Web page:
Imagine you are in the market to buy a car and comparing your options. You are weighing a number of factors in your purchasing decision, including performance, cost, size, and appearance. When you ask the salesperson what the miles-per-gallon rating for each car is, they shrug and say, “I don’t know.” Even if fuel efficiency is not the only factor you are considering, this would probably concern you as a prospective buyer.

And yet, this is how most people make decisions when buying or renting a home: without any information about how much energy the home is expected to use, how much this will cost them, or how to cost-effectively lower energy expenses.

Developed by DOE and its national laboratories, the Home Energy Score provides home owners, buyers, and renters directly comparable and credible information about a home's energy use. Like a miles-per-gallon rating for a car, the Home Energy Score is based on a standard assessment of energy-related assets to easily compare energy use across the housing market.

Great Midwestern Home Inspections has completed the necessary training and testing to be designated as a Home Energy Score Assessor. As an approved Assessor we can properly evaluate your Home's envelop and primary systems (HVAC and water heating), collecting the "Home Facts" needed to calculated a Home Energy Score that is accurate and meaningful.

We process the specific data we collect on your home through the Home Energy Score software.

The software then yields the Home Energy Score Report.

The Home Energy Score Report estimates home energy use, associated costs, and provides cost-effective energy solutions to improve the home’s efficiency. Each Home Energy Score is shown on a simple one-to-ten scale, where a ten represents the most efficient homes.

Scoring a “1” does not mean your home is poorly built. A beautiful home with up-to-date equipment can still get a low score if the square footage is high or if there is insufficient insulation. A low score just means there is significant room for improvement to reduce a home’s energy use.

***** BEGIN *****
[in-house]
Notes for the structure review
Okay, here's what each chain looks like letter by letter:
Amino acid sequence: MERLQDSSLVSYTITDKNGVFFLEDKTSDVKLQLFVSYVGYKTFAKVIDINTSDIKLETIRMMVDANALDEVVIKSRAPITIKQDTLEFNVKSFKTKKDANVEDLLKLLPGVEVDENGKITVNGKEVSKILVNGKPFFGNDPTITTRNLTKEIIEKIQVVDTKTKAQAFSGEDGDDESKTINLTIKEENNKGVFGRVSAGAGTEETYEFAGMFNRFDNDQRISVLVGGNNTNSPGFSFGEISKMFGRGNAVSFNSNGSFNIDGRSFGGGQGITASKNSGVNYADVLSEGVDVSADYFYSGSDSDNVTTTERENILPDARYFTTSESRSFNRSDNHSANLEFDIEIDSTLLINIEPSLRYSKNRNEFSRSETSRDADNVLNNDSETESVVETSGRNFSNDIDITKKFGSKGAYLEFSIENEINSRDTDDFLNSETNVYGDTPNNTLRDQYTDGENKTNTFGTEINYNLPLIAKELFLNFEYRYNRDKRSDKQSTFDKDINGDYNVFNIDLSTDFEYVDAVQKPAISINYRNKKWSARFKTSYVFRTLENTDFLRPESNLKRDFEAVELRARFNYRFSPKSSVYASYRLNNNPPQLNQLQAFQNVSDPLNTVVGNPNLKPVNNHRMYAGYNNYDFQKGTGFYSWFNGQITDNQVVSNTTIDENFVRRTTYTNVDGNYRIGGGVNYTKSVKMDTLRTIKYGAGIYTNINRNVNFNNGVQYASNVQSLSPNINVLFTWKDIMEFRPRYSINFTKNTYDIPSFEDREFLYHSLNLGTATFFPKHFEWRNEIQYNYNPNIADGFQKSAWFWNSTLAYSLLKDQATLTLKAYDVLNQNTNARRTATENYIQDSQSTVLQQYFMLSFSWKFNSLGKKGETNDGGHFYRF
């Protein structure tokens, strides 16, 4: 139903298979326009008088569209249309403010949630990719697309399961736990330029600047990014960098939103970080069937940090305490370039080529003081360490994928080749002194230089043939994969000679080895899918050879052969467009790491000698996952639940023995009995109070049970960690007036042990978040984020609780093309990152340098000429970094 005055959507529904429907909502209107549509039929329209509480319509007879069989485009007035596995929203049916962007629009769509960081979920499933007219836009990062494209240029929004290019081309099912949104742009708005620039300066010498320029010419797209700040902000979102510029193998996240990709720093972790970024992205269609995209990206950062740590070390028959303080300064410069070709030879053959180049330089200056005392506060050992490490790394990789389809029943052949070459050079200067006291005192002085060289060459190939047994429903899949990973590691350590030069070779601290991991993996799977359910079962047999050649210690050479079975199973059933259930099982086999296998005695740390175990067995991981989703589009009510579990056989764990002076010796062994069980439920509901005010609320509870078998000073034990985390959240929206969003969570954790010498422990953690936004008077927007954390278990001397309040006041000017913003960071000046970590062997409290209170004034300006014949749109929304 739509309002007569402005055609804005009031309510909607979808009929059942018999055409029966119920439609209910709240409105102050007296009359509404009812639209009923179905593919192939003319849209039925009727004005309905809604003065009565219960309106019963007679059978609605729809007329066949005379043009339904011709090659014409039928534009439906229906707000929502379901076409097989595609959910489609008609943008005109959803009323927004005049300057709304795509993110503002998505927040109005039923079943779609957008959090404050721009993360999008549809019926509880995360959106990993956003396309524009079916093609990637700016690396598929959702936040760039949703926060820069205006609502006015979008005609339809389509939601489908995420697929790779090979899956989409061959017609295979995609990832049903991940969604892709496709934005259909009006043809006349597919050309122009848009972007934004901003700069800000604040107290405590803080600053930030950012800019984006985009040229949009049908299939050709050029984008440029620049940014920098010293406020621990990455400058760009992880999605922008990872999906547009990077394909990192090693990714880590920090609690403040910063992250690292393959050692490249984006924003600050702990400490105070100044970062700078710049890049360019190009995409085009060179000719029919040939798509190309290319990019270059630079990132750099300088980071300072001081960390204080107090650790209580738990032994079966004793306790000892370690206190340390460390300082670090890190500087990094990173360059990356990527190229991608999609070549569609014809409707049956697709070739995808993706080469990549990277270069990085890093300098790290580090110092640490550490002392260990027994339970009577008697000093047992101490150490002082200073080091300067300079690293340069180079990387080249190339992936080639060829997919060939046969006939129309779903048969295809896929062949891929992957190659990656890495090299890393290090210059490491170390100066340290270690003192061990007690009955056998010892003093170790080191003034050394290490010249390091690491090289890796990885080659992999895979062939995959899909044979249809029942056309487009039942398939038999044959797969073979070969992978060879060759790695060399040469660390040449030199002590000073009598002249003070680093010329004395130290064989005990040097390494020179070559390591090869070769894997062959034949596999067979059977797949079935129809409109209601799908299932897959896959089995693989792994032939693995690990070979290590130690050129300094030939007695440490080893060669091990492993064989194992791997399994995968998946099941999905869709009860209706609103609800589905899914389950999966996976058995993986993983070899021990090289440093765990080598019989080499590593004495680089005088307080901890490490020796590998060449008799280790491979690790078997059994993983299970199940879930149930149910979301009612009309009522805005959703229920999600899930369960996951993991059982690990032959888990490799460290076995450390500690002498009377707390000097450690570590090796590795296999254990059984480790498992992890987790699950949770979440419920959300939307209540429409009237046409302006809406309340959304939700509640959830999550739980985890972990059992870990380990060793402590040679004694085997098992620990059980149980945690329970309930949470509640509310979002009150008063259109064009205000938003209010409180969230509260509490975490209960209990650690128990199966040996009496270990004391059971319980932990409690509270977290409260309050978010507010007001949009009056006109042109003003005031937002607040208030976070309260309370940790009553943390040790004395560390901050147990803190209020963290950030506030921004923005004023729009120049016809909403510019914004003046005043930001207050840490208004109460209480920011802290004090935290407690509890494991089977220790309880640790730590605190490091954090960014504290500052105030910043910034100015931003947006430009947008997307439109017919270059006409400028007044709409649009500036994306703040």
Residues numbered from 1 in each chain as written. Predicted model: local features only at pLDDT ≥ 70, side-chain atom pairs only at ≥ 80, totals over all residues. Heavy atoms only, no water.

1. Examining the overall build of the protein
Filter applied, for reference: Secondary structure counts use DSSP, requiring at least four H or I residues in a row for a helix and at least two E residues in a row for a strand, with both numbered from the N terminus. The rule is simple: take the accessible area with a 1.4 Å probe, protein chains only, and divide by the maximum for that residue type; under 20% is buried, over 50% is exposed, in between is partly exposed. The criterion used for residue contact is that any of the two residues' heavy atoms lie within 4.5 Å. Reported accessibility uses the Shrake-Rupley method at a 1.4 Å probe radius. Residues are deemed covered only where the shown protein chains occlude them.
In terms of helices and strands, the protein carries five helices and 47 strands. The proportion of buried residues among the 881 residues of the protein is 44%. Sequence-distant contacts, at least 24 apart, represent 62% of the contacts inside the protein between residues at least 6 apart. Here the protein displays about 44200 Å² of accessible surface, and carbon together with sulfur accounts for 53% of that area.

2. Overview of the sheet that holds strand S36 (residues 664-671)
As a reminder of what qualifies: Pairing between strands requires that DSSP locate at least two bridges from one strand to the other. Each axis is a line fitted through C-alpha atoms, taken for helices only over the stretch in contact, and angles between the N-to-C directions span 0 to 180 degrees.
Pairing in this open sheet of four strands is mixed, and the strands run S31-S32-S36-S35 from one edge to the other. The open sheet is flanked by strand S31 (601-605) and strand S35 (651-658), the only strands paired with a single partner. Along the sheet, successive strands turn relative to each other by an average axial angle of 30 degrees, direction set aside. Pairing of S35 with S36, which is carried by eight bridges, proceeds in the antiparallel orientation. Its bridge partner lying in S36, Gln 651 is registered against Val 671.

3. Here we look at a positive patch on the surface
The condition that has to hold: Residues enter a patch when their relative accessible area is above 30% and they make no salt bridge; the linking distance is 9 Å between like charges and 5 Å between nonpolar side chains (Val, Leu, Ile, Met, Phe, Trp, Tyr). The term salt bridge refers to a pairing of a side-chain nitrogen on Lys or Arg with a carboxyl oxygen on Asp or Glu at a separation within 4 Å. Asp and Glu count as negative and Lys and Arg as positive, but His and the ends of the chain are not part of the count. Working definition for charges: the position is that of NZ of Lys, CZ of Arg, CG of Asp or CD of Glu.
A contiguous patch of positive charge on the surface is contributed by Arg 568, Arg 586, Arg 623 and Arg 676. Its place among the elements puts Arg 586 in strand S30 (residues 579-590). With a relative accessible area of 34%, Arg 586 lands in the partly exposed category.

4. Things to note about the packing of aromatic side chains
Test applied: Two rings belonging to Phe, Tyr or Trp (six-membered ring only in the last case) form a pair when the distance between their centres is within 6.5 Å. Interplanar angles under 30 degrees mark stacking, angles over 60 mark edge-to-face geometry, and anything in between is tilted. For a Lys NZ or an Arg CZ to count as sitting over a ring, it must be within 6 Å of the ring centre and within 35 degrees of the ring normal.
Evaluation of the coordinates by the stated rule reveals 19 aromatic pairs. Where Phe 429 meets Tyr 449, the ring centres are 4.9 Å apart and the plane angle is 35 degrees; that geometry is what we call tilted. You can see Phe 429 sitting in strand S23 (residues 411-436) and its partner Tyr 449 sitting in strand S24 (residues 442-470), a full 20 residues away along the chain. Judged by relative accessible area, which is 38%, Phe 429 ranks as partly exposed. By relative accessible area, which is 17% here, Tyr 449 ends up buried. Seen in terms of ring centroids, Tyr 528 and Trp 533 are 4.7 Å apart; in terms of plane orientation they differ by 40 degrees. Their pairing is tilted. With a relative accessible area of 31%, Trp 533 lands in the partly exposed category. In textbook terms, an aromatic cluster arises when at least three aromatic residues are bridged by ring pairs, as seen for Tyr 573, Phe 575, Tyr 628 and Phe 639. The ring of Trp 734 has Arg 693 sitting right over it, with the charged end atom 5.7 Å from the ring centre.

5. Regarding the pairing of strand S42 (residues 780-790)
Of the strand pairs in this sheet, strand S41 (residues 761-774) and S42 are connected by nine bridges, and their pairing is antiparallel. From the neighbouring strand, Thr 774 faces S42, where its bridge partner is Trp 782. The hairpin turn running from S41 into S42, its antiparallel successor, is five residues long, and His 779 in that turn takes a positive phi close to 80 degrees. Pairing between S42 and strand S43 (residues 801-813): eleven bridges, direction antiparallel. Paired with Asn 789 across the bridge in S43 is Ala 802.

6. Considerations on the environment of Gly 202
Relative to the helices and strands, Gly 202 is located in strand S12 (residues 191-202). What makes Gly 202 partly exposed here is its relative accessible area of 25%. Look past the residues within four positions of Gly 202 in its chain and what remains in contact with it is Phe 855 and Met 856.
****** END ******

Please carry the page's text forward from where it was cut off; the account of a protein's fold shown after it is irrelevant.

The Home Facts section (sample pages below) gives you all of the data we collected to calculate your Home Energy Score. In addition to providing facts about the building “envelope” (roof, foundation, walls, insulation, windows), energy systems (heating, cooling, hot water), and floor area, this section also provides energy use estimates for the home.

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Recommendations that come with the Score are expected to pay back in ten years or less based on state average utility rates and national average installation rates.

We may provide different or additional recommendations that reflect local rebates or other incentives the Scoring Tool does not consider.

.....but I can get a free Energy Audit from my utility.....

Many local utilities do provides free Home Energy Audits, in fact that is how we got involved in Home Inspections back in the 1980's, as a utility residential energy auditor.

One of the fundamental purposes of the Home Energy Score is to provide consumers with a consistent and uniform means of comparing the energy efficiency of various properties across the nation. The accomplishment of that goal is best represented by the Home Energy (1 to 10) Score. A free utility energy audit does not accomplish that goal.

We would hasten to point out that we are by NO means disparaging the fine work of the local utility. In fact, we would encourage Home Owners of taking advantage of both programs, as often the utility energy audit is the gateway to other programs and incentives.